During interviews at Amazon, we allow five minutes for questions at the end. Some people ask about the team they’ll be working with, while others inquire about the technology they’ll be using.
Occasionally a candidate says, “I’ve heard Amazon can be a really hard place to work. Some people thrive and some people fail. Why is that, and how can I avoid joining the ranks of those who fail?”
This is a great question. I have heard a variation of this statement at Amazon dozens of times over the years:
I’m going to lose my mind! I have 14 direct reports and one critical project on fire, and my calendar is completely packed. The only way I can make any progress is by working after my team goes home. I’m not sure how much longer I can take it.
My usual answer to the interviewee is this:
Amazon has an infinite amount of work. The fire hose of work will never abate. No one will throttle your work for you. If you have a hard time saying no, or a hard time prioritizing your tasks, you are guaranteed to drown. You will work more and more hours until you eventually quit. On the other hand, if you aren’t terrible at your job, and you can pick the right things to work on and say no to everything else, you’ll love it here.
If you put this advice into practice, it will pay dividends for the rest of your life. You can replace “Amazon” with any modern company, a side business, or even your personal life. Your time is your most valuable resource. You can’t make more. You can’t pause it. You can only allocate it. Here’s how.
Identify your most important task
Early in my career at Amazon, I received approval to hire five additional engineers for an important project with a tight deadline. I opened the positions in Amazon’s internal system and talked to a few people about transferring. I also began writing up a project plan, creating the major stories to begin working on, and scheduling design review meetings with our engineers. I had a discussion with my manager a few weeks later, which went something like this:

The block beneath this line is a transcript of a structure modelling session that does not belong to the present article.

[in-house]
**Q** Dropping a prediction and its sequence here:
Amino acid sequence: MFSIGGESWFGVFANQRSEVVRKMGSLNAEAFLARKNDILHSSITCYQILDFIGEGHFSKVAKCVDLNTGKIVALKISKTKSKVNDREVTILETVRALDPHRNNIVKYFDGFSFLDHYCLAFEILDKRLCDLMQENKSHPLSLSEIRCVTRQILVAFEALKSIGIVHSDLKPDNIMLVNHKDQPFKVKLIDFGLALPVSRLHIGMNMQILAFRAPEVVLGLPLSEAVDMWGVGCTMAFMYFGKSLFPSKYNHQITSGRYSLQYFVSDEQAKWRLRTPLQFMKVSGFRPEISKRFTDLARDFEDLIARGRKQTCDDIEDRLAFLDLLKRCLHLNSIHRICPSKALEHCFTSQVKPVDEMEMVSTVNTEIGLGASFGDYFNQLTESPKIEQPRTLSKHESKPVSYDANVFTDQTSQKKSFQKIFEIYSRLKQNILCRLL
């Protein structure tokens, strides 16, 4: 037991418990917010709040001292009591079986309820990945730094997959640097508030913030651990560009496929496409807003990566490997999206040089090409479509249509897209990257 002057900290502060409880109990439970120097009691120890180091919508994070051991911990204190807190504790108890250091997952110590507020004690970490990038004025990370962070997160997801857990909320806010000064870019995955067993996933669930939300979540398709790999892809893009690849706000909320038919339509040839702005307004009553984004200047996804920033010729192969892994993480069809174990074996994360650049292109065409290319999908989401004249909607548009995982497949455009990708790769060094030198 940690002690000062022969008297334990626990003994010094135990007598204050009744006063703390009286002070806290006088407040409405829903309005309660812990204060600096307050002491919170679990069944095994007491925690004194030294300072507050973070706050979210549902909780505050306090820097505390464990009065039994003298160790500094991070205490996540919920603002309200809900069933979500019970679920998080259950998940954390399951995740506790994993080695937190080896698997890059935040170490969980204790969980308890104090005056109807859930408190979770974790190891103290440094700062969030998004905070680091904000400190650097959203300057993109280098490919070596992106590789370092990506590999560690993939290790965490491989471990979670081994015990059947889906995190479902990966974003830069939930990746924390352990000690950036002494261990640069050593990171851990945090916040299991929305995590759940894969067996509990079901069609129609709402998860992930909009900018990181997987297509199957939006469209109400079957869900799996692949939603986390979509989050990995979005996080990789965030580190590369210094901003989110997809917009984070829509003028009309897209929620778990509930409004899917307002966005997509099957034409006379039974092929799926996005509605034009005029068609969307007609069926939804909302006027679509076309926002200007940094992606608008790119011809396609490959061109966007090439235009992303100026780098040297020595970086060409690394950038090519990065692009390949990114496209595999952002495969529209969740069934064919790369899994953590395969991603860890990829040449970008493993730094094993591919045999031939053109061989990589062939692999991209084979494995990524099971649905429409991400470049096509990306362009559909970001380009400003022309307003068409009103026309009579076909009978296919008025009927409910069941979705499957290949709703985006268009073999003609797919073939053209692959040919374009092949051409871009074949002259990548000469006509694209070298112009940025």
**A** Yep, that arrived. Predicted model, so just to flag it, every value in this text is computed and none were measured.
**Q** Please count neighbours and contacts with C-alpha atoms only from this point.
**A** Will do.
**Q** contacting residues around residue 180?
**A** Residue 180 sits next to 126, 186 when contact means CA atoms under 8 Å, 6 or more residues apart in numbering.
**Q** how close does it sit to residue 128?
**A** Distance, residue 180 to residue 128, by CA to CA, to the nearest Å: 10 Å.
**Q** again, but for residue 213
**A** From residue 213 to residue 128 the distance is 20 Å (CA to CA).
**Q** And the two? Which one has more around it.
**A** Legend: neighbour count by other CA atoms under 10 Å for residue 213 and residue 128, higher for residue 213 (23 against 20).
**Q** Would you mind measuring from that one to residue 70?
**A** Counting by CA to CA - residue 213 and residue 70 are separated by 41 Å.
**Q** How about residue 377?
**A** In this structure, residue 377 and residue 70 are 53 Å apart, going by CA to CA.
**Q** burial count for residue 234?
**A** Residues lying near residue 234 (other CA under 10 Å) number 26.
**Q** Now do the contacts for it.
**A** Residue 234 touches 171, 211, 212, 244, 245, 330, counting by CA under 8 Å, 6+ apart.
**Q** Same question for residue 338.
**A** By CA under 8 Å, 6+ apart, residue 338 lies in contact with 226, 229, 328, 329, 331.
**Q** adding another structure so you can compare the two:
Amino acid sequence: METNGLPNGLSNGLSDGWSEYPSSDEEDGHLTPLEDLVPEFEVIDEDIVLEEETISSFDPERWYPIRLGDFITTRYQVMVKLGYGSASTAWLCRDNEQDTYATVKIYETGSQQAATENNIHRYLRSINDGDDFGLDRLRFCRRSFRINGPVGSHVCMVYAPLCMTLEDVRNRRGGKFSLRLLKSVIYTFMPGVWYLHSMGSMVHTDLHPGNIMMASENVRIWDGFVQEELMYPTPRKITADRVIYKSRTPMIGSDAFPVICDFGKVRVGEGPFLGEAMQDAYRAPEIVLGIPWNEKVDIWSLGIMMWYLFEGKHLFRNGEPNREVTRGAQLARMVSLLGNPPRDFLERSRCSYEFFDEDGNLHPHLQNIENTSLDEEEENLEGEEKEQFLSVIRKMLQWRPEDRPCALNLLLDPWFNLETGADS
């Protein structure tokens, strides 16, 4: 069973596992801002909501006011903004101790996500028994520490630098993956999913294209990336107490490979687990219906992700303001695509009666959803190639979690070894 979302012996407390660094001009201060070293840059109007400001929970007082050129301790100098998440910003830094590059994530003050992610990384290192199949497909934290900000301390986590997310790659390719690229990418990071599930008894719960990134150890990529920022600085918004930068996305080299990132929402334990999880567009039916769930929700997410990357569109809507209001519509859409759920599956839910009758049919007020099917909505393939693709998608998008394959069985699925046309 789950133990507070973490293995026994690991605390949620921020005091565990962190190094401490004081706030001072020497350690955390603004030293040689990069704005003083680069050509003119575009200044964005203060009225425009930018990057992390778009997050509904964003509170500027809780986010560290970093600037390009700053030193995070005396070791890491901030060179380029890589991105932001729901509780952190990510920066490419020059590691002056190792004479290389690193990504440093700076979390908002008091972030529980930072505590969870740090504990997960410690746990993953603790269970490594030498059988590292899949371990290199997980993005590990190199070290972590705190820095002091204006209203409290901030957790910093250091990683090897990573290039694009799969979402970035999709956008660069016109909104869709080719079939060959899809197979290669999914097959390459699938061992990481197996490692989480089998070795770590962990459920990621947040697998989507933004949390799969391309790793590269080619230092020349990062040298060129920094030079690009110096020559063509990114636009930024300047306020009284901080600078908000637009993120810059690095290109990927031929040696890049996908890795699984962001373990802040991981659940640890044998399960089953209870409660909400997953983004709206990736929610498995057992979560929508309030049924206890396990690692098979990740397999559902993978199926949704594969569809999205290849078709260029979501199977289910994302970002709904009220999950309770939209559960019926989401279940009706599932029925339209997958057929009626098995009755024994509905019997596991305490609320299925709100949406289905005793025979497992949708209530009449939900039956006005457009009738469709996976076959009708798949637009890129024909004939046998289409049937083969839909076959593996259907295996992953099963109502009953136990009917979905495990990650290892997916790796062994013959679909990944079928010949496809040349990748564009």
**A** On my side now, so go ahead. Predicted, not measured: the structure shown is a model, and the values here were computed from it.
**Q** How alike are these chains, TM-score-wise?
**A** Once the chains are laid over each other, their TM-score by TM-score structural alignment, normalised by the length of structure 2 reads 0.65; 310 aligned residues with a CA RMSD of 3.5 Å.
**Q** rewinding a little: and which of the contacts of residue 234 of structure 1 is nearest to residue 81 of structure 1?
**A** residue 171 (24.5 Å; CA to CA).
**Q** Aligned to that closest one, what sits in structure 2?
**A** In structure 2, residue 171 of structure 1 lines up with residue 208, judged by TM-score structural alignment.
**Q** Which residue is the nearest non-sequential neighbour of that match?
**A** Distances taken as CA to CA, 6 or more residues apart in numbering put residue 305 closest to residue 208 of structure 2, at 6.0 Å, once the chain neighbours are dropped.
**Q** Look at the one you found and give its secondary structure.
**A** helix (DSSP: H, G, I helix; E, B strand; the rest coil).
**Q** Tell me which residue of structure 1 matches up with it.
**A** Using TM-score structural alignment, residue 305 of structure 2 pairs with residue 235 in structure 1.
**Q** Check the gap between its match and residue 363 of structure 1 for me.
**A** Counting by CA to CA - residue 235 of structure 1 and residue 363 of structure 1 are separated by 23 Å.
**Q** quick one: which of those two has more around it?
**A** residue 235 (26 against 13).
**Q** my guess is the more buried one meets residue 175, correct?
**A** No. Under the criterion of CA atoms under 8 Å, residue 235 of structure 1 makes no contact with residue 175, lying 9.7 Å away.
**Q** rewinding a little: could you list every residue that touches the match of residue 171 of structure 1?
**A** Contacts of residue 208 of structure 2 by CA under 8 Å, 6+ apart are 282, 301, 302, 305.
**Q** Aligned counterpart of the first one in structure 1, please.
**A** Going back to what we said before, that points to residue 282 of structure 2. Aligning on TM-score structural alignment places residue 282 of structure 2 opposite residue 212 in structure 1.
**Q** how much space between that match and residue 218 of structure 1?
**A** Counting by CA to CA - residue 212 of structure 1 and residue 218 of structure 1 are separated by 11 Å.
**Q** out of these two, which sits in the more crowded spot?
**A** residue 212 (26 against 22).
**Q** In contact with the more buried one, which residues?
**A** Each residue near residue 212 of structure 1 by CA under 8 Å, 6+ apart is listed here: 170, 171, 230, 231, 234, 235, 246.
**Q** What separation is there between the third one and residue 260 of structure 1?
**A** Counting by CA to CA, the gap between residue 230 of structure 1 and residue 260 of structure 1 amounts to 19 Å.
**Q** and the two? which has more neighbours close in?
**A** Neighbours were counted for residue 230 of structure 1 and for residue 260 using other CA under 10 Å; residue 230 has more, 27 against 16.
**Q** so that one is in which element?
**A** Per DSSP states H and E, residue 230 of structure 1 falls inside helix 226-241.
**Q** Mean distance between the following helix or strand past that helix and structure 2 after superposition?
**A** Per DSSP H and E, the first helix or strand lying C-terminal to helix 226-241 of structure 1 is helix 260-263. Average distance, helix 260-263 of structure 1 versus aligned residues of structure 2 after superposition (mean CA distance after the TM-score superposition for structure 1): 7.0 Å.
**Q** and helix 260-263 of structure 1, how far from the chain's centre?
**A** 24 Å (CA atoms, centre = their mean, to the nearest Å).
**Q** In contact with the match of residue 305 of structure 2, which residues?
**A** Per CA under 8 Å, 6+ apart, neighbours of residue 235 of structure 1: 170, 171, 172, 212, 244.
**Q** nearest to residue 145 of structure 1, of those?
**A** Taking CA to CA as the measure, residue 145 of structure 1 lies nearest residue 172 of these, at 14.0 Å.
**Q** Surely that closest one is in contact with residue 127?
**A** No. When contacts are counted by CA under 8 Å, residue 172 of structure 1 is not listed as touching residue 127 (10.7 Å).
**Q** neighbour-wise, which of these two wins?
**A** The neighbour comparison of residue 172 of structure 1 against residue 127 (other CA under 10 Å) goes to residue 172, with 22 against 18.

Manager: How’s the hiring going? As you’re aware, you have a tight deadline.
Me: It’s a bit slow. I might have one position filled.
Manager: Are you treating this as your most important task?
Me: I’m spending as much time on it as I can, but I have a pretty full calendar. I have this critical project, my existing work, and a pretty big team. There’s a lot going on. I’ll try harder.
Manager: I assume you agree that you can’t finish the project without those five engineers. There will always be a lot going on. Trying harder is not a mechanism. If you’re not literally spending at least 50% of your time on this, you’re planning to fail. You need to spend at least four hours a day on hiring. Coffees with potential hires. Meetings with recruiting. Updating job descriptions. You can’t succeed without this. You can succeed without almost everything else.
My manager taught me a very valuable lesson that day. I was looking one level deep at the seemingly important things I had to do right then and there. But I needed to take a step back and assess whether I was allocating my time to take me to where I wanted to go. I was pedaling my bike as hard as I could, but I wasn’t looking at the street signs.
I internalized what my manager said. I recognized I was making progress in general, but not toward my most important destination. I was broadly focused on the bulk of my work, but I needed to focus narrowly on my most important work.
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